Prague, Oct 26 (CTK) – Czech PM and Social Democrat (CSSD) chairman Bohuslav Sobotka believes that Poland will remain the Czech Republic’s ally even with a new government, he said yesterday, in reaction to the results of the Polish general election in which the conservative Law and Justice (PiS) won.
Right-wing opposition Civic Democrat (ODS) chairman Petr Fiala welcomed the victory of the opposition PiS headed by Jaroslaw Kaczynski. Fiala is of the view that it will strengthen the transatlantic course of Central Europe.
Experts now expect Warsaw to be more critical of the European Union, but they do not anticipate any radical changes.
The victory of the PiS, led in the election by Beata Szydlo, will terminate the eight-year governance of the liberals from the Civic Platform of current PM Ewa Kopacz.
Sobotka congratulated Szydlo on the election success yesterday and at the same time, he thanked Kopacz for “a very good and intensive cooperation.”
“The Czech Republic has traditionally had excellent neighbourly relations with Poland and I suppose that we will successfully develop them with the new Polish government as well,” Sobotka said.
Poland is a significant European player and Prague’s close partner in the EU, he added.
Sobotka said he would like the intensive cooperation between both countries to continue also in the Visegrad Four (V4) Group, comprised of Hungary and Slovakia as well.
Czech President Milos Zeman’s spokesman Jiri Ovcacek pointed out the recent meeting of Zeman with his Polish counterpart Andrzej Duda, who enjoys PiS’s support.
“These negotiations brought about a significant result in the form of Poland’s fundamental participation the V4 cooperation without any disturbing moments or surprises…It is very appreciable that the Polish election winner shares the vision and that she will develop it. From this point of view, the election result is a good piece of news for Czech-Polish relations,” Ovcacek said.
Agriculture Minister and Christian Democrat (KDU-CSL) deputy chairman Marian Jurecka told reporters that the future would depend on whether the winning conservatives would govern alone or in a coalition. Until then, it is premature to assess what can be expected of the new Polish government, he added.
Former Czech president Vaclav Klaus, in a letter of congratulations to PiS, called its success “an important piece of news for us and the whole Europe.”
“Polish citizens have made it clear that they wish the Polish government’s course to change. Regarding the migrant crisis, which all of us consider the main issue the European politics is faced with, it is important for us that PiS espouses realistic positions,” Klaus, known as a critic of the EU, wrote.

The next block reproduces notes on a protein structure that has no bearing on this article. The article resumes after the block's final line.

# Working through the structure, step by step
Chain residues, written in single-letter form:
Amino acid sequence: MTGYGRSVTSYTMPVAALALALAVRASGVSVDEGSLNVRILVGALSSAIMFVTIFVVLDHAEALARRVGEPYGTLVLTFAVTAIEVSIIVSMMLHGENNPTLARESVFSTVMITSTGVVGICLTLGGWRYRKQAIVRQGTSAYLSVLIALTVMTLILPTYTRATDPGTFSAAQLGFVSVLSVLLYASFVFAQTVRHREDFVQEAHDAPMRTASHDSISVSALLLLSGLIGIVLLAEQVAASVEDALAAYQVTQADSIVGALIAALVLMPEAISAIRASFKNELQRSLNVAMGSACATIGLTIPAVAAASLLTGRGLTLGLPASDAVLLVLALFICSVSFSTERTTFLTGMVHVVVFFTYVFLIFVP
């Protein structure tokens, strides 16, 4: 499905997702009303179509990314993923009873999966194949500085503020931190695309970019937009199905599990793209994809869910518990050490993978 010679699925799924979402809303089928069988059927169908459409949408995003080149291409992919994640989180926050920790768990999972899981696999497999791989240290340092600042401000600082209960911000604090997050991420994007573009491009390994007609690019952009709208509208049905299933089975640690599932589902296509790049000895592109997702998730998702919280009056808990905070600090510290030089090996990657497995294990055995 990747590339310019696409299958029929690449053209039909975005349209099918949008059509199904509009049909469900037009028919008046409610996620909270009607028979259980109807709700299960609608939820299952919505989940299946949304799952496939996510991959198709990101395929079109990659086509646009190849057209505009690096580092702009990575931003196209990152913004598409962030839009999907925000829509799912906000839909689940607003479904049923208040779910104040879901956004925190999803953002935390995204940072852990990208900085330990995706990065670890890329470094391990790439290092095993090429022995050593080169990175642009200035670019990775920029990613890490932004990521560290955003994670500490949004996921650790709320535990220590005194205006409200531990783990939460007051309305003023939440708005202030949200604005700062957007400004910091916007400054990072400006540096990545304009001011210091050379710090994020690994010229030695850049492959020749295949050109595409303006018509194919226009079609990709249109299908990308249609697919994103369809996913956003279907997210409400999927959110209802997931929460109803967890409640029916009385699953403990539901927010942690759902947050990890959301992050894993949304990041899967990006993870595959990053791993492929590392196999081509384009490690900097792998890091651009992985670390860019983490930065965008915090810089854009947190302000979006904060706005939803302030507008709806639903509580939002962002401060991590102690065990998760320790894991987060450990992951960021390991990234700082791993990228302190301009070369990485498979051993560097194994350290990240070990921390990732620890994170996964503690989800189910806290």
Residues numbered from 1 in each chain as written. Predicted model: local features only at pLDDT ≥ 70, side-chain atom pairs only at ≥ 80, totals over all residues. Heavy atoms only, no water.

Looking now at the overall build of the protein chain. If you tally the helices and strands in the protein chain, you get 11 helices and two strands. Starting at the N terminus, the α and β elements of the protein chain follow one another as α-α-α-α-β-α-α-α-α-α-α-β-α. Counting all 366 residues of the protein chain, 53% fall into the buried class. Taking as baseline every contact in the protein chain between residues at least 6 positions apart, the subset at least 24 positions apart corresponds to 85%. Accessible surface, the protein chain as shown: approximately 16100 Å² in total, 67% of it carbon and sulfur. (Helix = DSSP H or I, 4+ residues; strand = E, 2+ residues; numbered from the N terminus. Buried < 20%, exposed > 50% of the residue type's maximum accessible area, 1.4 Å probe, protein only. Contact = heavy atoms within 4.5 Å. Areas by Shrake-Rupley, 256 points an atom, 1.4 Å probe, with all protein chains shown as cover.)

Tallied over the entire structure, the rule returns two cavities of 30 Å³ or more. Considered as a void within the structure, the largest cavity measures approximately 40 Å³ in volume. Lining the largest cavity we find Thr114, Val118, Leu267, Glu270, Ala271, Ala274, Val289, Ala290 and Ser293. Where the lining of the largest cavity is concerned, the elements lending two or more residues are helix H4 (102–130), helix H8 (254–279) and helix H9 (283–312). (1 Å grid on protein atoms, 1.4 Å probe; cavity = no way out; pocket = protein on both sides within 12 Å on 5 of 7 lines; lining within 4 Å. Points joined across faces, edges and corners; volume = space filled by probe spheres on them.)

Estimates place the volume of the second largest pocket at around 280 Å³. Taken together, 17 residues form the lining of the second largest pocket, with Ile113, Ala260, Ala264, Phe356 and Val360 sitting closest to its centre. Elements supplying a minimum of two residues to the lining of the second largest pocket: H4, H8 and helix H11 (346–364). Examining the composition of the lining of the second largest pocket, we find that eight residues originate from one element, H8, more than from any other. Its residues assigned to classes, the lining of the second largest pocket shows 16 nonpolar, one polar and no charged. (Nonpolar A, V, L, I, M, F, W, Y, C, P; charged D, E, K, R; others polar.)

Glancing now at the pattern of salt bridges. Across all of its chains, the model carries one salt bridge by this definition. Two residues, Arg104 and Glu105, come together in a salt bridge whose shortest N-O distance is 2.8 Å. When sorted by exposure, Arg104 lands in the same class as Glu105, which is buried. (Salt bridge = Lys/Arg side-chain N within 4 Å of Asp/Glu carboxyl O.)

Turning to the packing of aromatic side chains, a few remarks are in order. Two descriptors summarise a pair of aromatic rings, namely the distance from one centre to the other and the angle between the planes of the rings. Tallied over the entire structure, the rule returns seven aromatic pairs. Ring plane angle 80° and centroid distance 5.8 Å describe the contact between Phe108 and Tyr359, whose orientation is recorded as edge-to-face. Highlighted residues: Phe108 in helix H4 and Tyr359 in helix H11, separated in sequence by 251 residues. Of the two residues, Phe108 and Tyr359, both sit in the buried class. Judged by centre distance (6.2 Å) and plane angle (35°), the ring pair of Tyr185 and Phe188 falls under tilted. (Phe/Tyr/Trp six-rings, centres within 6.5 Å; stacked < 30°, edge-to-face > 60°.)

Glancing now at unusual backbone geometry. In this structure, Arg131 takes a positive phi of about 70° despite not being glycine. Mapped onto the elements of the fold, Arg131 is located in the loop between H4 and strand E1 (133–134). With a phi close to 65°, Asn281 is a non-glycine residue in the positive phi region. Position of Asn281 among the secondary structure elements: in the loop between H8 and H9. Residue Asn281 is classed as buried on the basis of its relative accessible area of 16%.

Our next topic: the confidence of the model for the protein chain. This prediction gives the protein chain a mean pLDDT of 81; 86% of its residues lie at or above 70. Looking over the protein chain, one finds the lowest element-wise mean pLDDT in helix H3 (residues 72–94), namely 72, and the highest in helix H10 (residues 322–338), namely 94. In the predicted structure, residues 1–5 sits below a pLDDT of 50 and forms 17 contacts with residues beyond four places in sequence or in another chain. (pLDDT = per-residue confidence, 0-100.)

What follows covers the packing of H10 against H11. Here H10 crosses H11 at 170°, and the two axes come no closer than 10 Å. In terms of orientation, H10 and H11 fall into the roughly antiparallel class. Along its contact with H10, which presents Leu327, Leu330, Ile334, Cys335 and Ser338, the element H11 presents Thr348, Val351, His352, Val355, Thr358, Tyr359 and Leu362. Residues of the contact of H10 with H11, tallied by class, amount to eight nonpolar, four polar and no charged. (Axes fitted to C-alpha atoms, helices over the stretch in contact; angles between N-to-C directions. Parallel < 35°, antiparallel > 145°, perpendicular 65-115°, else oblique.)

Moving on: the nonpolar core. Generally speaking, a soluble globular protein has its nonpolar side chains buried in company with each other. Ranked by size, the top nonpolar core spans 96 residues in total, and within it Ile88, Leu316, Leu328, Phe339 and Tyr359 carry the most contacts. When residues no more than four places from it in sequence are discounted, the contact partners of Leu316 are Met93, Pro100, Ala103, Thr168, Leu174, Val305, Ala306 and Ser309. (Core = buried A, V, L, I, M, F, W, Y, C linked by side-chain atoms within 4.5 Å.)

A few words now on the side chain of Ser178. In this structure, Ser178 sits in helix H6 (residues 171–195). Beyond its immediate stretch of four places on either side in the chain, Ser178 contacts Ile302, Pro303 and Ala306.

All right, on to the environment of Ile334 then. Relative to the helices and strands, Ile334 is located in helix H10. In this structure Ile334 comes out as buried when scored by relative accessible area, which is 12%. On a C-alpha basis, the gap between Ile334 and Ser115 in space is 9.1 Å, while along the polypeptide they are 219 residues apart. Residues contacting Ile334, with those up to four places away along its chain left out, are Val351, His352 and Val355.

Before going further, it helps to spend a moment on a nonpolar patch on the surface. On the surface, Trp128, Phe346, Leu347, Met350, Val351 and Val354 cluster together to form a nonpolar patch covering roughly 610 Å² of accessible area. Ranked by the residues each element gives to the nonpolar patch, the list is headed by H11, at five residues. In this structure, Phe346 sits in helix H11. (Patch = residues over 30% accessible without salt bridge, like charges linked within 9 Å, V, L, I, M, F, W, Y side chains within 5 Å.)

Fiala also said the PiS victory would strengthen security in the whole region.
“After the victory od the British Conservatives, the results of the Polish election confirmed support for reform parties that are striving for the preservation of the national states’ powers and are a realistic alternative to the unsustainable dogma of an ever narrower EU,” Fiala said.
The Polish election will mainly cause changes in relation to the EU, TOP 09 deputy chairman Marek Zenisek said. He pointed out that the Kopacz government belonged to the core of European integration, while the PiS would be rather an ally of the British Conservatives.
Tomio Okamura, who heads the minor opposition Freedom and Direct Democracy movement, said he expects a change in Poland’s political course, including its turn to the criticism of the EU’s migration policy.
“The approximation between Poland and the EU, promoted by the present prime minister, will not take place, and Poland will undoubtedly be very Eurosceptic,” Okamura said.
MEP Petr Mach, chairman of the right-wing Eurosceptic Free Citizens party, said German Chancellor Angela Merkel would hopefully not be able to push through further refugee quotas after the Polish.
“I am glad that the government party that gave in to Germany on the quotas was justly beaten,” Mach said about the debacle of the Civic Platform.
Vit Dostal, from the Association for International Issues, told CTK that he did not expect any radical changes from the new Polish cabinet, except in relation to the EU.
He said Polish-German relations may cool down a bit. However, Poland is still aware of that it needs strong European allies mainly due to Russia, he added.
On the issues of migration and quotas, Warsaw’s stance is likely to come closer to that of the other V4 countries, Dostal said.
“The Law and Justice remains a party rejecting quotas and opposing immigration, but its politicians’ opinions can be easily mixed up with the statements by some Czech or Slovak Social Democrats,” Dostal said.
From the economic viewpoint, a considerably looser budget policy can be expected as a consequence of populist steps by the new government, economist Jan Bures, from the Postovni sporitelna bank, said.
He pointed out that the PiS had promised, for instance, to lower the retirement age, considerably raise tax deductions for children, introduce free medicines for pensioners and increase defence spending.
The fulfilment of these promises depends on whether Szydlo will behave pragmatically or whether PiS chairman Kaczynski will keep pulling the strings behind the stage, Bures said.